Mulan wins respect without betraying her ideals, is awarded without usurping power. She comes to fruition without ultimately having to give up the love of her family. Unlike Xianniang, who took a different path to gain recognition. Disney already proceeded in a similar way with the "Aladdin" film adaptation, in which the villain Jafar is no longer a pure villain and his motives are at least understandable.
Leading actress Yifei Liu is allowed to shine
The actors, above all the wonderfully versatile Yifei Liu, are convincing across the board. The leading actress apparently effortlessly succeeds in matching Mulan's uncertainty and doubt with her strength. Especially the chemistry between her and Tzi Ma, the actor of Mulan's father, is right and will give one or the other viewer a lump in the throat. I also liked the fact that in the real-life version a love story, here with the simple soldier Honghui, is only hinted at.
Yifei Liu carries the film as the title character Image: © Disney 2020
The scenes with her film father are a highlight of the real film adaptation. Image: © Youtube / Disney Germany 2019
Chen Honghui (Yoson An) admires Mulan. Image: © Youtube / Disney Germany 2019
He and other characters may not be given enough time, but they help in drawing out Mulan's many facets. And that is perfectly justified. This film is clearly Mulan's stage. Jet Li fans are in for a real surprise. I did not recognize the martial arts expert dressed up as an elderly emperor. For this he is allowed to show a surprisingly agile ruler in a fight scene.
You can do it without mushu and singing
And what about the guardian spirit and the dragon Mushu, some fans may ask? He only exists as a mystical phoenix who guides the warrior when she doesn't know what to do next. The happiness grill Cri-Kree also shines with absence. But to be honest: Disney's practice of giving each of its heroines an animal sidekick – presumably primarily for marketing purposes – is already out of date. That Mulan has no animal support helps the story and shows how alone she is on her mission.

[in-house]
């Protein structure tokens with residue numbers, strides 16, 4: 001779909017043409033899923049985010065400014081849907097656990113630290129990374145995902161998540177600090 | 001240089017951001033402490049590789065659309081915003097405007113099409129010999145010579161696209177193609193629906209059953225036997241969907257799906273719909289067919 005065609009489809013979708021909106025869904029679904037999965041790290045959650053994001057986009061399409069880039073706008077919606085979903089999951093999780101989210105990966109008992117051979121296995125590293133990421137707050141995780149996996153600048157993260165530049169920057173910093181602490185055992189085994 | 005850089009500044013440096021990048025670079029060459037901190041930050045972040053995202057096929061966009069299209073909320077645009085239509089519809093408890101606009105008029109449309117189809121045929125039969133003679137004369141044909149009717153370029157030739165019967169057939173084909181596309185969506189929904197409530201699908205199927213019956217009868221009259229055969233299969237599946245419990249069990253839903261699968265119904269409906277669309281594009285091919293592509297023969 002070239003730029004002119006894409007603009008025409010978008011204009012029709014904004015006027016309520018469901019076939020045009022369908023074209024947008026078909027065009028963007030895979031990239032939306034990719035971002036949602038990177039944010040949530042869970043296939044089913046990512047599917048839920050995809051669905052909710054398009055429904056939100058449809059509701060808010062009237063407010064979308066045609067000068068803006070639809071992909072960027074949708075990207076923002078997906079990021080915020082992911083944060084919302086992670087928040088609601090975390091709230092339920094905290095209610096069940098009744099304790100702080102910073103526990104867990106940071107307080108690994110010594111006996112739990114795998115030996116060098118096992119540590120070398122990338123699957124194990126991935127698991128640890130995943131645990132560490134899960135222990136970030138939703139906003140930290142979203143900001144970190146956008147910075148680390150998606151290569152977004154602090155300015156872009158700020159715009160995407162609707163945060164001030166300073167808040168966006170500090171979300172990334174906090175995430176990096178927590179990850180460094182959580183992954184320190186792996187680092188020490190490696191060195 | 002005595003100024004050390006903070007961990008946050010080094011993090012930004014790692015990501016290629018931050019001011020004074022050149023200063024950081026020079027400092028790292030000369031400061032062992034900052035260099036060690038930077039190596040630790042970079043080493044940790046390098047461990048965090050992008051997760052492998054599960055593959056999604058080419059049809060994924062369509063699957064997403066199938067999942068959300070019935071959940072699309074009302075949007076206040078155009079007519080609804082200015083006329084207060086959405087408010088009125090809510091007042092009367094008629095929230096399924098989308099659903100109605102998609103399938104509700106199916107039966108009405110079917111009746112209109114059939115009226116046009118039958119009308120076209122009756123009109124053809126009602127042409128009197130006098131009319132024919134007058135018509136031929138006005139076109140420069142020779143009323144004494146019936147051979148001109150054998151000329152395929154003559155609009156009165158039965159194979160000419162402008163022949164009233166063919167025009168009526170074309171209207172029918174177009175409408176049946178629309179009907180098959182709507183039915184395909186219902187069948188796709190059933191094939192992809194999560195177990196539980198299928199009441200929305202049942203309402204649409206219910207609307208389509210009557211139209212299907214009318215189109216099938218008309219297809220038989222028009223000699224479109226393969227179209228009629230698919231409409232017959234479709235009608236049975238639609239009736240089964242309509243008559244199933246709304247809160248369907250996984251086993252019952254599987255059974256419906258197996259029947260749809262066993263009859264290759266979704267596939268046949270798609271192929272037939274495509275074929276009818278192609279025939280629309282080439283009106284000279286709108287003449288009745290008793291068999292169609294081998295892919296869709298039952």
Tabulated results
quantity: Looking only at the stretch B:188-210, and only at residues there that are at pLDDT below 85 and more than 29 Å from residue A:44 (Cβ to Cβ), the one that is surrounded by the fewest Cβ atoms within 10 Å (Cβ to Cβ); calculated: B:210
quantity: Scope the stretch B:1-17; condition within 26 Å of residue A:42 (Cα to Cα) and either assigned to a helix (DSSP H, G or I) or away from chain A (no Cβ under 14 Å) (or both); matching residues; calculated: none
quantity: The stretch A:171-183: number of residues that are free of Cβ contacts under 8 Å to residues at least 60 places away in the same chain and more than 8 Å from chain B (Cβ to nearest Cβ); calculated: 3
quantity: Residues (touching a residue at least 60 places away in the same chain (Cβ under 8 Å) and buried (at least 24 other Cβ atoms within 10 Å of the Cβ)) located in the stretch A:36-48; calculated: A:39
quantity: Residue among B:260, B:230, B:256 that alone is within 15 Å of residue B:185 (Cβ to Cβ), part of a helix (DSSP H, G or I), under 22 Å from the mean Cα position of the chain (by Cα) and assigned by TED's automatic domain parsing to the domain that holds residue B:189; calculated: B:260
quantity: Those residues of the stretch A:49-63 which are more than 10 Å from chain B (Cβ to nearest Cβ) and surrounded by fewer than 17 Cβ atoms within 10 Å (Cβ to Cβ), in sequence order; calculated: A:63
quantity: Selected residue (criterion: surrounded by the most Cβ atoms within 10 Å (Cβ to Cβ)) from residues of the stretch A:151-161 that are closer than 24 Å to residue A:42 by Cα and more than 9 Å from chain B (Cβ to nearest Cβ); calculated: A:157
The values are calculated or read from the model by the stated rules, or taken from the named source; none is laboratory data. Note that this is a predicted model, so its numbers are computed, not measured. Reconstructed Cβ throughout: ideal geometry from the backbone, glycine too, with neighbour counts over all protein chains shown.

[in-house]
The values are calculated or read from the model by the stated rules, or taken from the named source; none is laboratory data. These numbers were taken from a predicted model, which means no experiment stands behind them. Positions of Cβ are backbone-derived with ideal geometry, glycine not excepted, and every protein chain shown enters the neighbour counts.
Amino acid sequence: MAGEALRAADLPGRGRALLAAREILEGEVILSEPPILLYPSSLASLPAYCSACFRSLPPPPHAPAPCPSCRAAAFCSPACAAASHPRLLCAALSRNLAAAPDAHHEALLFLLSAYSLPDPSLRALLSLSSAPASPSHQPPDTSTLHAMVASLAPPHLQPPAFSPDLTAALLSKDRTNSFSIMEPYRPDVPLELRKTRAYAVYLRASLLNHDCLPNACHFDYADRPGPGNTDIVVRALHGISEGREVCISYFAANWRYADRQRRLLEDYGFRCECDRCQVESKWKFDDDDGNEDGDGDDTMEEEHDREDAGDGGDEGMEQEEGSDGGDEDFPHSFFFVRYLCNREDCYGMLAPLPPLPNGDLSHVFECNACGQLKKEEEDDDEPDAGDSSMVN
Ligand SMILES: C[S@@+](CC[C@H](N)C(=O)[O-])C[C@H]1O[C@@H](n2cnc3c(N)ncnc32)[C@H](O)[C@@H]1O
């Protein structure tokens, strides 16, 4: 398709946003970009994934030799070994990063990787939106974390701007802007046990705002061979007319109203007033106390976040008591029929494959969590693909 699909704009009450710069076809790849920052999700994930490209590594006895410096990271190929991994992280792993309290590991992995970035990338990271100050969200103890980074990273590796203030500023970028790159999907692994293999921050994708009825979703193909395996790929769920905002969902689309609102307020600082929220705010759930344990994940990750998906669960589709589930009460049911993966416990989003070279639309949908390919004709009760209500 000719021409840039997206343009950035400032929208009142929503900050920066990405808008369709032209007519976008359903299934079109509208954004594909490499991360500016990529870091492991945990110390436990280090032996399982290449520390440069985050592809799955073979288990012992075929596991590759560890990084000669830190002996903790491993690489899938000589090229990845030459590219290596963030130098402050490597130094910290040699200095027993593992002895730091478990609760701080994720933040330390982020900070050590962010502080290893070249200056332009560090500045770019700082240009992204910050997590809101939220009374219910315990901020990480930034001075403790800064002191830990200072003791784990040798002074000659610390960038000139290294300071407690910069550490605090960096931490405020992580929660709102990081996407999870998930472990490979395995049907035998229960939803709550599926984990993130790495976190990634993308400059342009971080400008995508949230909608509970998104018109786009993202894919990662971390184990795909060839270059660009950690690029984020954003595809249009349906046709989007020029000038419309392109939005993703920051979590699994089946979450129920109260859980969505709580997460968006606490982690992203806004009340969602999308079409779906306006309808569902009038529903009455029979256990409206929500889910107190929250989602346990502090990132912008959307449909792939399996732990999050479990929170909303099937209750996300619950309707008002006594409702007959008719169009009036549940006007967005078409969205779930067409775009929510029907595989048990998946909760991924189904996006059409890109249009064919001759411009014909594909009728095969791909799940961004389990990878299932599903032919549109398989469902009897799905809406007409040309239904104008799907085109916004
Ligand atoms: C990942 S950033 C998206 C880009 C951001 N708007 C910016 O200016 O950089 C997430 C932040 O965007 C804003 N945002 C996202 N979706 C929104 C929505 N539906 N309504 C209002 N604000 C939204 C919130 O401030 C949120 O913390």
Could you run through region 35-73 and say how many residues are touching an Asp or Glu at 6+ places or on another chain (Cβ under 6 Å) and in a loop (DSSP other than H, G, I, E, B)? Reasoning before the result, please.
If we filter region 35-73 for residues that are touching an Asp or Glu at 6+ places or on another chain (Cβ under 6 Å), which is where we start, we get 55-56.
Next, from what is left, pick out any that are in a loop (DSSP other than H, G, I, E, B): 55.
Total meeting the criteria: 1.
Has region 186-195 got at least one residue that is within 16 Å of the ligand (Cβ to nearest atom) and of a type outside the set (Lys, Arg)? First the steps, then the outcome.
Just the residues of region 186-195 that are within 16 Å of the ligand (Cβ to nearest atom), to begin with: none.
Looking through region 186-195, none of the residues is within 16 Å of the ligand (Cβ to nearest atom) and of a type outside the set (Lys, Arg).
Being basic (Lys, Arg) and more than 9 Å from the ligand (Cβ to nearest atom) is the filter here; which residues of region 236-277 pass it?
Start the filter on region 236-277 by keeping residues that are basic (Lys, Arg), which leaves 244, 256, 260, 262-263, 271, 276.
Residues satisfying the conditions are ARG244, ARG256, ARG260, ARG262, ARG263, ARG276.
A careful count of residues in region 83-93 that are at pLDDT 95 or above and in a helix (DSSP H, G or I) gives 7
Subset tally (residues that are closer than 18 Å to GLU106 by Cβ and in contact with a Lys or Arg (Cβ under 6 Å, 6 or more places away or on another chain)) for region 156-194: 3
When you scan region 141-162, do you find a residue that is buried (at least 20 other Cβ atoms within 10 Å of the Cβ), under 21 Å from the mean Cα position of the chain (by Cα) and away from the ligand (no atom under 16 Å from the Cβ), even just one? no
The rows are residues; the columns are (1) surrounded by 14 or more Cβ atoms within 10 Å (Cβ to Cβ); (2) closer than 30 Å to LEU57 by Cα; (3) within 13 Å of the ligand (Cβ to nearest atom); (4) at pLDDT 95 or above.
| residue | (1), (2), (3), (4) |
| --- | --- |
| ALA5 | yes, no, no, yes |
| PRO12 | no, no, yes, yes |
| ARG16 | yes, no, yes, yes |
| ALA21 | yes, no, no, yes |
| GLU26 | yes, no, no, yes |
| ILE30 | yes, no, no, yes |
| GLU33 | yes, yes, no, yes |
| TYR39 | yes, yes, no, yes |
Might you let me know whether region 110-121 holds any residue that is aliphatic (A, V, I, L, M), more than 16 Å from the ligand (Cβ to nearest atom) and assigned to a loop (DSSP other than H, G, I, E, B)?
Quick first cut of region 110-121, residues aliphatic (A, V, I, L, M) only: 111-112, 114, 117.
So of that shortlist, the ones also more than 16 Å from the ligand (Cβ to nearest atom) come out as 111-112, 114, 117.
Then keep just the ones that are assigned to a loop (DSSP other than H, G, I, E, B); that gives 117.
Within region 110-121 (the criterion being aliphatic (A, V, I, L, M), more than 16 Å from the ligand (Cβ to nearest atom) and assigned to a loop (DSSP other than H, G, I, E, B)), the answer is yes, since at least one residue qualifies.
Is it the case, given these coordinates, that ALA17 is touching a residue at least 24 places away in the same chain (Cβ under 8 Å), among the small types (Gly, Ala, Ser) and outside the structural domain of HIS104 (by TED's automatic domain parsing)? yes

Cri-Kree and Mushu have a break in the real-life version. Image: © Facebook / WaltDisneyMulan 2016
The vocals are also missing, but they would actually not fit into the story. Nevertheless, we don't have to do without the beloved pieces like "Be a man". They are indicated instrumentally in some scenes. Enough to revive the memory of the cartoon like an old legend …
Conclusion: Victory all along the line
Disney succeeds with "Mulan" to satisfy fans of the cartoon classic, but also viewers interested in the ballad. It's refreshing that the real-life version dares to focus more on the ballad and Chinese culture instead of telling the story of the cartoon 1: 1. The danger was there, "Beauty and the Beast" and "The Lion King" are the best examples of this.
The real-life version can convey the feeling of the original with the help of talented actors and magnificent equipment. Only towards the end does the film show some lengths – and the preference for long close-ups is a matter of taste. But I was told that they are typical of Chinese film. So there is really almost nothing to complain about.
Disney managed the balancing act "Mulan". Image: © Disney 2019